Baby hummingbird rescue is a success story that’s for the birds! By Manori Ravindran, Vancouver sun August 12, 2012
A baby hummingbird is set to be released by the Wildlife Rescue Association of B.C. about a month after it was rescued from a barge on the Sunshine Coast. Photograph by: Paul Steeves , WRA
“A baby hummingbird, half the size of most people’s pinky fingers, will be released Monday just a month after its rescue from a Sunshine Coast barge. “It’s very rare that anybody would actually find them,” said Brooks. “We don’t get them. We get adult hummingbirds that have been attacked by cats or hit by something, but having to raise babies? It’s pretty rare in rehabilitation centres, and we haven’t had to do it before.”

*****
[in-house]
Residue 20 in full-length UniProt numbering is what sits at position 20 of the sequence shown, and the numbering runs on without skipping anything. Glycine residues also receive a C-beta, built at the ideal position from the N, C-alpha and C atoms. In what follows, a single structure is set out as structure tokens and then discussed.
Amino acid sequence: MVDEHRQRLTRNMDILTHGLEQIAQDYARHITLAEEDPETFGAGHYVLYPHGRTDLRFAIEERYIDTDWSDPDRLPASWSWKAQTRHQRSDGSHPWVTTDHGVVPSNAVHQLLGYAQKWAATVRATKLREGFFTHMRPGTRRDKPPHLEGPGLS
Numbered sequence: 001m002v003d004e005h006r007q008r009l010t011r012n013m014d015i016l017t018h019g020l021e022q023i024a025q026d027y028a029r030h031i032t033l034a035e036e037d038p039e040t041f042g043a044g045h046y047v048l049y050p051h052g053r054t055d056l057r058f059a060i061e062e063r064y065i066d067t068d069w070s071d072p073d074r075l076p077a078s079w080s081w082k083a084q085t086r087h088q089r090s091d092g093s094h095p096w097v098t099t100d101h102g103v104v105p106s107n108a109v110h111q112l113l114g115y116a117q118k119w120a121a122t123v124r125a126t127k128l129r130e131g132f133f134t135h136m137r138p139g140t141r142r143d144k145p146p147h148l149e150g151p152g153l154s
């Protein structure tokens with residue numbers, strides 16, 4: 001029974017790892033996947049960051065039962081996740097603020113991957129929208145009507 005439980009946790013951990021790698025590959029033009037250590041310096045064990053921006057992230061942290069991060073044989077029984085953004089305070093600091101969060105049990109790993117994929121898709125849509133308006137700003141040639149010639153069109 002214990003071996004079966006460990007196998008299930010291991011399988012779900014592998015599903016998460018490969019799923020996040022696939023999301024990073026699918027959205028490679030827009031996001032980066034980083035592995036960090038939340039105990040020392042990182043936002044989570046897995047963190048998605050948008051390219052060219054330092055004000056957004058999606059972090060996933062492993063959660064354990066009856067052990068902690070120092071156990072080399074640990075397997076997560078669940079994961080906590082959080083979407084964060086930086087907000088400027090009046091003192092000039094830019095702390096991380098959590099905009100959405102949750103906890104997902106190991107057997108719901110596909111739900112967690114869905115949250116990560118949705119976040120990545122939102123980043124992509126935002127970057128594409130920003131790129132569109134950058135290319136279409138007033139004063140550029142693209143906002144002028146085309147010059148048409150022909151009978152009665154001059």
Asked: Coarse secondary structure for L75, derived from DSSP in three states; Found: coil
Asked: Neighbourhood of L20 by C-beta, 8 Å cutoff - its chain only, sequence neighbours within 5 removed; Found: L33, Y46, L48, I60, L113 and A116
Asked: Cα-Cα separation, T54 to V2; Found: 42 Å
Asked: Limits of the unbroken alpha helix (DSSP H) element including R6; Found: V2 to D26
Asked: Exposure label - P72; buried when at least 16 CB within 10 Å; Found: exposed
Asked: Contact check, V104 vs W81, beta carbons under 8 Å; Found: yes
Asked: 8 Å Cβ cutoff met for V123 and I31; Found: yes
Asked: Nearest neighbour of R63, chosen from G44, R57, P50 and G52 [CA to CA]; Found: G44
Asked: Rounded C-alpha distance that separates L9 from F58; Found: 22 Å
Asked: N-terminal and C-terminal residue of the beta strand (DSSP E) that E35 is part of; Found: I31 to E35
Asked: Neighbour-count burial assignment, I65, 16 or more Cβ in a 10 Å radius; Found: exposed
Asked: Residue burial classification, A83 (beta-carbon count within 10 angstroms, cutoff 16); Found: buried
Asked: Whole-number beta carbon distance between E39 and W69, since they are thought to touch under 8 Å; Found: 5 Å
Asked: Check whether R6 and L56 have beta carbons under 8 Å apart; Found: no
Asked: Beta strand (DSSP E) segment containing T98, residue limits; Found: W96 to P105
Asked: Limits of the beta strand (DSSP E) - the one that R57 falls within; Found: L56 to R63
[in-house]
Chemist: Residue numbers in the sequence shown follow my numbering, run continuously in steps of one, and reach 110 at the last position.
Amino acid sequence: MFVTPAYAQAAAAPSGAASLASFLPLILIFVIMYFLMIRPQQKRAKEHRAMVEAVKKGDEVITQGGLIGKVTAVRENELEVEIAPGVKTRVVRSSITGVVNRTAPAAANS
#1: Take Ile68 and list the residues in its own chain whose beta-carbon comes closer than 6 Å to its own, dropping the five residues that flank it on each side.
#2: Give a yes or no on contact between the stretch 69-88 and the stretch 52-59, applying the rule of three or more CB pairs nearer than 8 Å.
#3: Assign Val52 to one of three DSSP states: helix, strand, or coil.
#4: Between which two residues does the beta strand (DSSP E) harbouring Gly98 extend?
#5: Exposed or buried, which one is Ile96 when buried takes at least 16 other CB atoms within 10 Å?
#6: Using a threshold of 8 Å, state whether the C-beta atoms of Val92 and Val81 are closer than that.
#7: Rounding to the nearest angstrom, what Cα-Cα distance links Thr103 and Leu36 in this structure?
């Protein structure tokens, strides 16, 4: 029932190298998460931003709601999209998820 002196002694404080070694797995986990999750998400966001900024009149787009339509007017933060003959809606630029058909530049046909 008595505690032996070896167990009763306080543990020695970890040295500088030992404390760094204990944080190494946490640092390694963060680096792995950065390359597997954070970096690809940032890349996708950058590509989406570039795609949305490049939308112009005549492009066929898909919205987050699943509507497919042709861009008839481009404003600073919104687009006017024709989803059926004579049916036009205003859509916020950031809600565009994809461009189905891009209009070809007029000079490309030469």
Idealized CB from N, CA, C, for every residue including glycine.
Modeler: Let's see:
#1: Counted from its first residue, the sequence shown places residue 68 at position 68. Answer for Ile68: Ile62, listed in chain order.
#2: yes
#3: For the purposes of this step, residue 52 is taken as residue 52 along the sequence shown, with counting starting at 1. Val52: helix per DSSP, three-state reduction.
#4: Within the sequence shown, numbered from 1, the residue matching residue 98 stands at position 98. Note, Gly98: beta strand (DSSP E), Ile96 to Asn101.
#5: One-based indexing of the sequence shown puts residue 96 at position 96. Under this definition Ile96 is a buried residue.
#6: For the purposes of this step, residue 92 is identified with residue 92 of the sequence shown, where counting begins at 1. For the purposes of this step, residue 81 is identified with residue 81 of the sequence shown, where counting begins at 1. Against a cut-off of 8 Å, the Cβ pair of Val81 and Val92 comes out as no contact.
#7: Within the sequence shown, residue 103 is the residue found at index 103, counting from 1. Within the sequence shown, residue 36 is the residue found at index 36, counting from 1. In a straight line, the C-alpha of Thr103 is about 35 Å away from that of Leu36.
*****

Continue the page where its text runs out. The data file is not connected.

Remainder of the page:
The rufous hummingbirds, the most common types of hummingbirds in the Lower Mainland, weighed less than three grams and measured about four centimeters when they were brought in to the Burnaby Lake centre in a nest the size of a small mushroom cap. “We weighed them with the nest because we were worried about fracturing their bones because they really were very, very tiny,” said Brooks. “Their necks were like spaghetti, they were that thin.”” Read more: http://www.calgaryherald.com/technology/Baby+hummingbird+rescue+success+story+that+birds/7078820/story.html
Save the Last Dance - A Story of North American Grassland Grouse
Save the last dance why we should care...
“Why I started this project”
“With a blue moon light casting over the prairie, there I was in my photo blind, waiting. When my eyes finally adjusted to the darkness of the dawn, I realized I was not alone. Ghost-like shadows passed my blind, and then followed deep hollow sounds, “oo-loo-woo.”